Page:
Just before the latest official update on the condition of the Toomer’s Oaks was released earlier this week, Auburn horticulturist Dr. Gary Keever conducted photosynthesis measurements on the leaves of a live oak in the parking lot of Comer Hall. The idea was “to get a baseline of what (the photosynthesis levels) of a relatively healthy live oak should be” in order to compare it to the levels in the leaves of the Toomer’s Oaks. Recent developments had him hopeful they might be something close to similar, that the oaks’ ability to feed themselves was improving.
He rode the cherry picker to the top of the canopy of the oak closest to College Street. And there it was—yellowing, dead areas, signs of the herbicide damage so far absent this spring.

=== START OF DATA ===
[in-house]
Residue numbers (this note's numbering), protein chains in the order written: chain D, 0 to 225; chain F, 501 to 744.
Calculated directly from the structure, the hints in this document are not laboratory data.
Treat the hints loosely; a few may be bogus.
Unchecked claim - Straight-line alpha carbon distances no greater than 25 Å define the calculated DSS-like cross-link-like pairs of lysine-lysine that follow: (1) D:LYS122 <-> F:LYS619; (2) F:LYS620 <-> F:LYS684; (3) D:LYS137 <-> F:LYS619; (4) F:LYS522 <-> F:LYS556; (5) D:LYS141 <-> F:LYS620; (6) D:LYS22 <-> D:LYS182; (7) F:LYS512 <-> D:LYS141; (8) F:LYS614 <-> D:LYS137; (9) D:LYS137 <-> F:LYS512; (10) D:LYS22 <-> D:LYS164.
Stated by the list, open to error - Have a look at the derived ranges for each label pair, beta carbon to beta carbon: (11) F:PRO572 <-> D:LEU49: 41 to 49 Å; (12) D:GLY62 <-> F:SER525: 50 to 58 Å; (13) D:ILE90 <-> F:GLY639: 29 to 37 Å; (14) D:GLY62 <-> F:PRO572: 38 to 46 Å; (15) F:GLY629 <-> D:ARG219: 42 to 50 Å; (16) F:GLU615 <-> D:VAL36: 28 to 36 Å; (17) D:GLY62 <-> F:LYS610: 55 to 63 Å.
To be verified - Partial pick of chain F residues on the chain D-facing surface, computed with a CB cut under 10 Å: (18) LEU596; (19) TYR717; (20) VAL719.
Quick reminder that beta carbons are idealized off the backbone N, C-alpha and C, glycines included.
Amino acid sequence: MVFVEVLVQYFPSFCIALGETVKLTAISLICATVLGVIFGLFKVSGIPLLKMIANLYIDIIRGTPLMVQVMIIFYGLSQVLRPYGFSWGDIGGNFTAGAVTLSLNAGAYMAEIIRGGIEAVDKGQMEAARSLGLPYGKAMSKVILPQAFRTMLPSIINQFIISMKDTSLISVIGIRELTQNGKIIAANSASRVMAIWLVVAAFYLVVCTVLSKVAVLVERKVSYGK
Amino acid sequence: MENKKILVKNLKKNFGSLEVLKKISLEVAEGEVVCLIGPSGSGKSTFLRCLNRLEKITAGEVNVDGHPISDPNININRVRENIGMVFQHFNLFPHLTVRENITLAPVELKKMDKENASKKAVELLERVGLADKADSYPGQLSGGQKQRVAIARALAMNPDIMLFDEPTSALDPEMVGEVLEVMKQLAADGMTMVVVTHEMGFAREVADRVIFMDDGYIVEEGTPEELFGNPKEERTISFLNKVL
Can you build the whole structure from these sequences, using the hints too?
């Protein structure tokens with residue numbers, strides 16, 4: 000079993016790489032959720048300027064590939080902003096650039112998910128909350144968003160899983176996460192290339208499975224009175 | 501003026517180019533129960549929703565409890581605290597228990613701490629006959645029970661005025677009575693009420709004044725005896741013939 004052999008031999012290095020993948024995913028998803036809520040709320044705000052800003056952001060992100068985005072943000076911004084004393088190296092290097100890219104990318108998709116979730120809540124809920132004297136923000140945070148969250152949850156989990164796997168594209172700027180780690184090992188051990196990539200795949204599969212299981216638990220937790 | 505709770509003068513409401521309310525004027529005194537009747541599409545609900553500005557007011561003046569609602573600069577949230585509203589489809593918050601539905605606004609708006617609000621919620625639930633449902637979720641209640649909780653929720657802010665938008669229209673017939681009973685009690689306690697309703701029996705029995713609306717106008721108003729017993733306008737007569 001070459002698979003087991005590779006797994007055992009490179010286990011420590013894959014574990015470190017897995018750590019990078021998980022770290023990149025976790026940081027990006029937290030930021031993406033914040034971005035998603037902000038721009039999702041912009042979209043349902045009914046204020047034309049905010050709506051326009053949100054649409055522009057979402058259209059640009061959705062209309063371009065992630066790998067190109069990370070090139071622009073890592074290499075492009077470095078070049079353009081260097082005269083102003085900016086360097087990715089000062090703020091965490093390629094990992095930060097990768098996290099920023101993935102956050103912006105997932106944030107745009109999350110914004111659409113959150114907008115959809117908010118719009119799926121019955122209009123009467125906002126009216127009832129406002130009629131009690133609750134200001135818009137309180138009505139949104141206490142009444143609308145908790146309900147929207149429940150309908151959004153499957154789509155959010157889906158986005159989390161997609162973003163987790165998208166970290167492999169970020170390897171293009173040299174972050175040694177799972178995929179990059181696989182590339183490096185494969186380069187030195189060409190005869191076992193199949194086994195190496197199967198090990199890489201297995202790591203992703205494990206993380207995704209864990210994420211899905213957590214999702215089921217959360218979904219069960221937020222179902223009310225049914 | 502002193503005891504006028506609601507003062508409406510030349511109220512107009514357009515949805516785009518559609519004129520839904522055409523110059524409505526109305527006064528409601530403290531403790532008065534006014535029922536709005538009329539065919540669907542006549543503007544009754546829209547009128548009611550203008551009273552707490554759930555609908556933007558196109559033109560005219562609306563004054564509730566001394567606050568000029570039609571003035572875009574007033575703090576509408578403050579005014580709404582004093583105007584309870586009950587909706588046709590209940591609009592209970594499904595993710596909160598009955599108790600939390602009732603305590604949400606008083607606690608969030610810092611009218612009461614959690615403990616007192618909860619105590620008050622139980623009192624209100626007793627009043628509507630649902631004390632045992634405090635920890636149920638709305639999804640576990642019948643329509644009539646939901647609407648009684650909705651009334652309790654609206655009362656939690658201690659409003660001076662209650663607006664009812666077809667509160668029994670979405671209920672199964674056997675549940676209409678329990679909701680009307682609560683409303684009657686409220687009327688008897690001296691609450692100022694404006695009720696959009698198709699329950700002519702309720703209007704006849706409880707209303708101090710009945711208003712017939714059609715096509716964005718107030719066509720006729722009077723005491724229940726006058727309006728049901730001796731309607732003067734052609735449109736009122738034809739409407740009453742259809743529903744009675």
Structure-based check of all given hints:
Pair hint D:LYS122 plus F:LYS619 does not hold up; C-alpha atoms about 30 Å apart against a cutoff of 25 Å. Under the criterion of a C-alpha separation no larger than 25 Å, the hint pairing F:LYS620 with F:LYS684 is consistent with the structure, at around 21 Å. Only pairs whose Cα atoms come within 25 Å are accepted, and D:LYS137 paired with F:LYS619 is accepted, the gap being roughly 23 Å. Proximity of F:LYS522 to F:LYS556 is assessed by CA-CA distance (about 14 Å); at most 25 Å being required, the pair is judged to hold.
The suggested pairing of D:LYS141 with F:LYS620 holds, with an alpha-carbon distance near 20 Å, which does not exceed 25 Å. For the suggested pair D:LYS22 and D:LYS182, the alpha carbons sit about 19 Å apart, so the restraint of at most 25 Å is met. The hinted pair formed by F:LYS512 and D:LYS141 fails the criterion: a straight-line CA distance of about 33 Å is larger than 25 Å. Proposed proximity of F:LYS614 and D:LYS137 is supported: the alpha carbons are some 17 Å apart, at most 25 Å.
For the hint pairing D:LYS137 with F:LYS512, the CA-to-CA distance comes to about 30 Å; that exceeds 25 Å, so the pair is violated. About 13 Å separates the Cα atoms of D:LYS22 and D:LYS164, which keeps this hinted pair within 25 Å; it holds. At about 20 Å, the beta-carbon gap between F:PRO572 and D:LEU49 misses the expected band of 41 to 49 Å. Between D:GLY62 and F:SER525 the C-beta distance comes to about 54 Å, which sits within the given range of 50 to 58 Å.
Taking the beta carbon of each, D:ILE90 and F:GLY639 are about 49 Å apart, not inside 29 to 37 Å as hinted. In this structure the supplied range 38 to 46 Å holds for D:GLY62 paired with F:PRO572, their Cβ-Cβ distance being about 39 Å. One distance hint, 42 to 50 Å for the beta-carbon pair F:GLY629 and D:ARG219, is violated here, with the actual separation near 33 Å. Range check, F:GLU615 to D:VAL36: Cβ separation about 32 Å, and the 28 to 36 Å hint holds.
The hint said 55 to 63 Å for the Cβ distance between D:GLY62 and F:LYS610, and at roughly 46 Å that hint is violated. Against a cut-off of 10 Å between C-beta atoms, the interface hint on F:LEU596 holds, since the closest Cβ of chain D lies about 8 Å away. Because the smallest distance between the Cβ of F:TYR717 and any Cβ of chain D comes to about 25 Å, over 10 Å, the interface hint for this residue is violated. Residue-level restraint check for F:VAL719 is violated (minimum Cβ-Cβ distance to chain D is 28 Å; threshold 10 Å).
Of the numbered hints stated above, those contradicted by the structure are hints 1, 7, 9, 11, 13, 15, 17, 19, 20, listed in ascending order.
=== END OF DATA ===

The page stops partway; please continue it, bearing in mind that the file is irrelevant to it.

“The mood (of the last update) was somewhat upbeat because at that time the trees weren’t showing any signs of herbicide injury on the new growth. This has changed,” Keever said.
“It’s definitely the herbicide injury we saw last year.”
And the effect is more than aesthetic. The photosynthesis levels of the oaks? “Greatly reduced.” Some of the leaves on the oak closest to Magnolia Ave. actually returned negative readings.
“That means respiration is exceeding photosynthesis,” Keever said—and not just in the leaves showing damage.
“The leaves we tested… were healthy looking,” Keever said. “They showed no signs of herbicide poisoning.”
Keever said signs of the poisoning are “even more extensive now than it was on Monday.”
“It’s probably only going to worsen as we continue on.”
Reporting by Justin Lee.
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